When the user no longer needs quick access to an application location, he or she can use the toolbar button or the menu to release the navigation tabs. Navigation tabs that are currently on top or that are otherwise active will differ in appearance from other non-active navigation tabs. For instance, active navigation tabs may be white while non-active navigation tabs appear in the same color as the background for dialog boxes and scroll bars in the content area of the window. There is no limit to the number of keep accessible navigation tabs that the user can have at one time. In the event that the number of navigation tabs becomes larger than the available display space in the content area of the window, a mechanism for scrolling navigation tabs may be provided.
Navigation tabs can be used to provide status information on locations in the application that are not currently visible but that have navigation tabs. This is done through visual markers or indicators such as symbols presented on the left hand side of the label of the navigation tab. The symbols can notify the user of the abnormal operational status of objects associated with the navigation tab. The degree of the abnormal operational status is often indicated by the color of the symbols. For instance, FIG. 1a shows a yellow exclamation mark 13, an example of a symbol, an indication of "minor problems" and FIG. 1e shows a red exclamation mark 13, an indication of "critical problems." If the navigation tab is associated with a task the symbols in the navigation tab may be used to indicate a change in task status such as successful task completion, as shown by symbol 13 of FIG. 3c, or errors in the task, e.g., an error in software installation.
An example of how the navigation tabs of the present invention can be used to re-access locations within an application window is presented in FIGS. 1a through 1f. These figures illustrate the behavior of navigation tabs when the user navigates to different locations in the user interface and wants to be able to quickly return to designated locations. As can be seen in user interface 10 of FIG. 1a, there is a navigation tab 11 at the bottom of the content area 14. The information presented in the content area is associated with the selected item "IP Internet" 15 in scoping pane 16. The label for the navigation tab "IP Internet" indicates the location with which the tab is associated. In this application, selection of another item in the scoping pane, causes the user interface to navigate to a new location. If the user were to select "Segment 1," user interface 20 shown in FIG. 1b would be presented. As can be seen, "Segment 1" 15 is shown as selected in the scoping pane 16. The content pane 14 displays the systems found in "Segment 1." There continues to be a single navigation tab 11 at the bottom of the content area and the label has changed to "Segment 1."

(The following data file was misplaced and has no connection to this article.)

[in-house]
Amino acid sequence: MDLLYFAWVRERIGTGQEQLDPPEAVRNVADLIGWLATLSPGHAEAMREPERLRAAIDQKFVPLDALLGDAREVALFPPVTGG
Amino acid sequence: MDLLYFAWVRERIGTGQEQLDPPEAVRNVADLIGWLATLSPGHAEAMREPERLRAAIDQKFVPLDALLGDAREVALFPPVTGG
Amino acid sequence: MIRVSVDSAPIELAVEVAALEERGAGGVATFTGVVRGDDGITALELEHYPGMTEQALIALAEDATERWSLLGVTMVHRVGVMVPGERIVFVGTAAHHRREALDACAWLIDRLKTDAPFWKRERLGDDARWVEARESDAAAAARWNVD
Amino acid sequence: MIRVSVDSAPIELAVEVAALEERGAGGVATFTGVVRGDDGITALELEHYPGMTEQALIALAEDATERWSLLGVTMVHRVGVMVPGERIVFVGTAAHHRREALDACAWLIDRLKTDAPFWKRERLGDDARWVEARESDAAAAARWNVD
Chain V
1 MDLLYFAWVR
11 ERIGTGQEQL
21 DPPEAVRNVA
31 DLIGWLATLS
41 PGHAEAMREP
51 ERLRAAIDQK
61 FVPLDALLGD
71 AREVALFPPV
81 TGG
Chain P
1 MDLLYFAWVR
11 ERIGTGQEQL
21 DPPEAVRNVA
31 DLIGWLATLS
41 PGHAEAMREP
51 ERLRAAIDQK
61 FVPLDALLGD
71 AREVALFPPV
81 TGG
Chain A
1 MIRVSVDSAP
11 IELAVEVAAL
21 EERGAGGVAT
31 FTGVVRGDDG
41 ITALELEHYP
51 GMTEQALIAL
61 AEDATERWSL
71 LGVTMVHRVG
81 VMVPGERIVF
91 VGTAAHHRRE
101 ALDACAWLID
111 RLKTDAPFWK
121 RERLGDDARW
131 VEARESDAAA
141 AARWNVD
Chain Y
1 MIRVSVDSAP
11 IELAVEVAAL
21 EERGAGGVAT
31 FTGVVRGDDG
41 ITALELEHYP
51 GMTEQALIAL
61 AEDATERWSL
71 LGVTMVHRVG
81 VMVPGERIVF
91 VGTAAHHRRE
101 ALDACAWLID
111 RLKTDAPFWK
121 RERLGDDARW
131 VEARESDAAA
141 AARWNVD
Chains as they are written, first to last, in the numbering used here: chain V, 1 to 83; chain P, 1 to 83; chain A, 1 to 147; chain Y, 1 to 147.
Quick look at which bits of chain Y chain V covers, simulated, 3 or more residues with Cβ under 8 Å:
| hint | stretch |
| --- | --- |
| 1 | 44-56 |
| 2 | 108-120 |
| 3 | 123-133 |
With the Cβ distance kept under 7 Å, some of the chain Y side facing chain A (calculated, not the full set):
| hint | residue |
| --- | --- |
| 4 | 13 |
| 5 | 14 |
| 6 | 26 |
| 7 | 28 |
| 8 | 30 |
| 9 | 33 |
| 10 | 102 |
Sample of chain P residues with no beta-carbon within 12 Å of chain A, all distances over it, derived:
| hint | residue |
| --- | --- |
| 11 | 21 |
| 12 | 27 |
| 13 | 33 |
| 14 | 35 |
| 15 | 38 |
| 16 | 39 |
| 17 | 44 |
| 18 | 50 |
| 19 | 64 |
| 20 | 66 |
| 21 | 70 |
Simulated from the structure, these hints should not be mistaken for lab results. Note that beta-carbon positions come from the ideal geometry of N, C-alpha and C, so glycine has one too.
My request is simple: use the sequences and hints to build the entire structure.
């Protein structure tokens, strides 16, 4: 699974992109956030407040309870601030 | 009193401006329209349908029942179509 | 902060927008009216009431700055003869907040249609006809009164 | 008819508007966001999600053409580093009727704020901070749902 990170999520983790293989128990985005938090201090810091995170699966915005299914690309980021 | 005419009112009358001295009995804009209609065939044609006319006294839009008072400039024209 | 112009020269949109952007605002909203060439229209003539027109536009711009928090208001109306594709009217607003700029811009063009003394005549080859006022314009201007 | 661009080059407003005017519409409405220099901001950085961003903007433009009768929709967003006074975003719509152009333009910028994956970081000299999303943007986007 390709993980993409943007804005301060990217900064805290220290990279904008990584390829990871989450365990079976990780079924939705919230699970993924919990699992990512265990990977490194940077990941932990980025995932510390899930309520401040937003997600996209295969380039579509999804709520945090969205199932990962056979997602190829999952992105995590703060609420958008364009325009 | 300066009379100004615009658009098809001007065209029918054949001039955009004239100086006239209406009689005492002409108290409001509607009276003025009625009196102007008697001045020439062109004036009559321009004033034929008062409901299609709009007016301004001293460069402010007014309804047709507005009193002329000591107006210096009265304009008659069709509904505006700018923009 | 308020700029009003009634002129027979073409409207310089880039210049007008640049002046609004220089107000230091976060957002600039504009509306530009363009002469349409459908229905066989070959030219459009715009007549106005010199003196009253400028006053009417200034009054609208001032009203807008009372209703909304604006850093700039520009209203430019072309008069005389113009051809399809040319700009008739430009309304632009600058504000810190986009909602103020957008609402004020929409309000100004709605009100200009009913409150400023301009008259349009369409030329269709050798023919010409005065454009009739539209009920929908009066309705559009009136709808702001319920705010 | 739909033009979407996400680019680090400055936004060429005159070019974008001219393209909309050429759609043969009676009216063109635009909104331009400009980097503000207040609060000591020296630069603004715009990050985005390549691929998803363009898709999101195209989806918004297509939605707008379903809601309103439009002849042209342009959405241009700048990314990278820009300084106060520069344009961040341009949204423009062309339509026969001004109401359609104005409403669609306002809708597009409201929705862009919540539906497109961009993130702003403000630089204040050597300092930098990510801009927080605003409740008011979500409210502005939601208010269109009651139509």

Assume that the user were to designate "Segment 1" as a location to be re-accessed. As shown in the user interface 30 of FIG. 1c, this could be done by either selecting the appropriate toolbar button 19, menu item in the pull down menus 18 or menu item in the pop-up menu 13 associated with the navigation tab 11. Once this designation is made, the navigation tab will contain a visual indication to show that it is to be maintained so that the location will remain accessible. One example of a visual indication for a "keep accessible" navigation tab 12 is presented in the user interface 40 of FIG. 1d.
If the user were to navigate to another location in the application, i.e., select "Segment 2" item 15 in scoping pane 16, the "Segment 1" location would remain available through the navigation tab 12 shown in the user interface 50 of FIG. 1e. As can be seen in this figure, there are two navigation tabs 11 and 12 at the bottom of the content area 14. Navigation tab 11 is a replaceable tab and Navigation tab 12 is one that has been marked as "keep accessible" with the pushpin symbol. Note that Navigation tab 11 is white to indicate that it is associated with the currently visible information. Navigation tab 12 is gray to indicate that it is not currently active. Selection of navigation tab 12 would result in the presentation of user interface 40 presented in FIG. 1d.
If the user were to navigate to another location within the application, the "keep accessible" navigation tab 12 would continue to remain available while the "replaceable" navigation tab 11 would be replaced with one for the new location. FIG. 1f illustrates the user interface 60 of the same application window after the user has navigated to a completely different area of the application. The contents of the scoping pane 16 have changed to show the following Service Views: Services, Service Users and Systems and Devices. "Services" 15 is the currently selected item in the scoping pane. The content area 14 shows the services that are supported by the application. There are two navigation tabs at the bottom of the content area, one for "Segment 1" 12 and the other for the current location "Services" 11. While the user can no longer access "Segment 1" through selections in the scoping pane, clicking on its associated navigation tab 12 will immediately change back to the user interface 40 presented in FIG. 1d. The navigation tab 11 in FIG. 1e will disappear. When the user no longer needs access to "Segment 1," he or she can release it by using the appropriate control in the pull down menus 18, pop-up menus (as illustrated by pop-up menu 13 of FIG. 1c) or tool bar button 19.
The above discussion describes the use of navigation tabs to navigate to different logical locations within a single application. Navigation tabs may also be used to provide access to views across applications. For instance, in
FIG. 1e, "Segment 1" navigation tab 12 and "Segment 2" navigation tab 11 could be representative of locations from two different applications, rather than locations from the same application as discussed above. Because both of these navigation tabs are shown simultaneously in the same window, the user may easily and readily gain access to views from different applications.